Meningitis B Vaccine Bexsero Receives ‘Breakthrough Therapy’ Designation
FDA submission expected in second quarter of 2014
Bexsero (meningococcal group B vaccine [rDNA, component, adsorbed], Novartis) has received a “breakthrough therapy” designation from the FDA.
The drug is already approved in Europe, Canada, and Australia to help protect against invasive meningococcal disease caused by serogroup B (meningitis B). Novartis plans to file for U.S. licensure of Bexsero as early as the second quarter of 2014; the timing will depend on guidance from the FDA.
During the last 4 months, Novartis has provided nearly 30,000 doses of Bexsero to students and staff at Princeton University and the University of California, Santa Barbara following meningitis B outbreaks on their campuses under an “investigational new drug” (IND) designation from the FDA. In addition, the Centers for Disease Control and Prevention (CDC) has recommended including the incoming freshman class at Princeton University in the at-risk group to receive Bexsero.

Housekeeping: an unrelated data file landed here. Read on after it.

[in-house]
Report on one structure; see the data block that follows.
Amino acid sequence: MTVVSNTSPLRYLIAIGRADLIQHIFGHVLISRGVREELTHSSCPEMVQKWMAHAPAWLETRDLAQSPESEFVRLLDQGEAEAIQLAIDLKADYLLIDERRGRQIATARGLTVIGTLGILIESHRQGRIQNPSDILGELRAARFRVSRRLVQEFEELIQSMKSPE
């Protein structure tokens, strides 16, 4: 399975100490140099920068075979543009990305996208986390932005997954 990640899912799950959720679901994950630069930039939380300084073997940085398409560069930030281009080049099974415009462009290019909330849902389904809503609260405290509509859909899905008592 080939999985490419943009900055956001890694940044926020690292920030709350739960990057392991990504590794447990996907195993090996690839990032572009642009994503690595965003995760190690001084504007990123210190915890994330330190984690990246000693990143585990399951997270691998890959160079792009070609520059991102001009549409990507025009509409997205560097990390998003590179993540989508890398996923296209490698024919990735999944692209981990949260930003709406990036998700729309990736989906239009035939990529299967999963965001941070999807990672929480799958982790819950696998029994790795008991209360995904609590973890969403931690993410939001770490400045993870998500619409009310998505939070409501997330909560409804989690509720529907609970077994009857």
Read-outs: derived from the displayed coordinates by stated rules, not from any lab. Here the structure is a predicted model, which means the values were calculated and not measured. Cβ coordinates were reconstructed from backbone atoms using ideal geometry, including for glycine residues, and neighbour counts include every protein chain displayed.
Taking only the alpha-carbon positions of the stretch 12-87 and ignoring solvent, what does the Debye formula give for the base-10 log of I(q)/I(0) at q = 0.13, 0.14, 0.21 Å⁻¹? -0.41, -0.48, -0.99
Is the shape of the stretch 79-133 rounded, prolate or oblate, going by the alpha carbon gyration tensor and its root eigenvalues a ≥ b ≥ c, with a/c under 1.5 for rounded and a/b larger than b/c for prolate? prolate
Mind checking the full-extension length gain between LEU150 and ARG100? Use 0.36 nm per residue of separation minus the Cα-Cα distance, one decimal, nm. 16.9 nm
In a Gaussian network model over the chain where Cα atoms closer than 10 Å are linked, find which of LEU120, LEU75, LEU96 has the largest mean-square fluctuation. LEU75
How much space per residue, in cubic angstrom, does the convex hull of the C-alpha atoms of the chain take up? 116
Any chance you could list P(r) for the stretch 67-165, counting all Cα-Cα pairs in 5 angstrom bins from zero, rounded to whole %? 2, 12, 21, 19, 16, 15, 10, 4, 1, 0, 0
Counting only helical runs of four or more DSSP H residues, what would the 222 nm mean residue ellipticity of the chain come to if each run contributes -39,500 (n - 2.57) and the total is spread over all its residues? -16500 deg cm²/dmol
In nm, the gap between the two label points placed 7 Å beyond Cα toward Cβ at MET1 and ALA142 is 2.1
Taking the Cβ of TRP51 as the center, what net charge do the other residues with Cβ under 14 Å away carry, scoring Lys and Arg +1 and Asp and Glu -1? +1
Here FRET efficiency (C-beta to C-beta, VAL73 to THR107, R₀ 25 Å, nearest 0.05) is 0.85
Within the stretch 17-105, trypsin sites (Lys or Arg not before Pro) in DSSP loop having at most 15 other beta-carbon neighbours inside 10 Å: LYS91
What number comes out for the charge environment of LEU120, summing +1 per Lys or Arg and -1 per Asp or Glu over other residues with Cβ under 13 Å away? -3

Meningitis B is the leading cause of bacterial meningitis and septicemia in the developed world. It can kill or cause serious life-long disability within 24 hours of onset. Because initial symptoms are often unspecific and flu-like, it can be difficult for even a health care professional to diagnose the disease in its early stages. About one in 10 of those with the disease will die despite appropriate treatment, and of those who survive, one in five will suffer from serious life-long disabilities, such as brain damage, hearing loss, or limb loss. Vaccination is therefore the best defense against the disease, which leaves little time for intervention.
With vaccines currently available in the U.S. to help prevent the other four most common serogroups that cause meningococcal disease (A, C, Y, and W), a licensed vaccine offering protection against serogroup B remains an unmet public health need in this country.
Source: Novartis; April 7, 2014.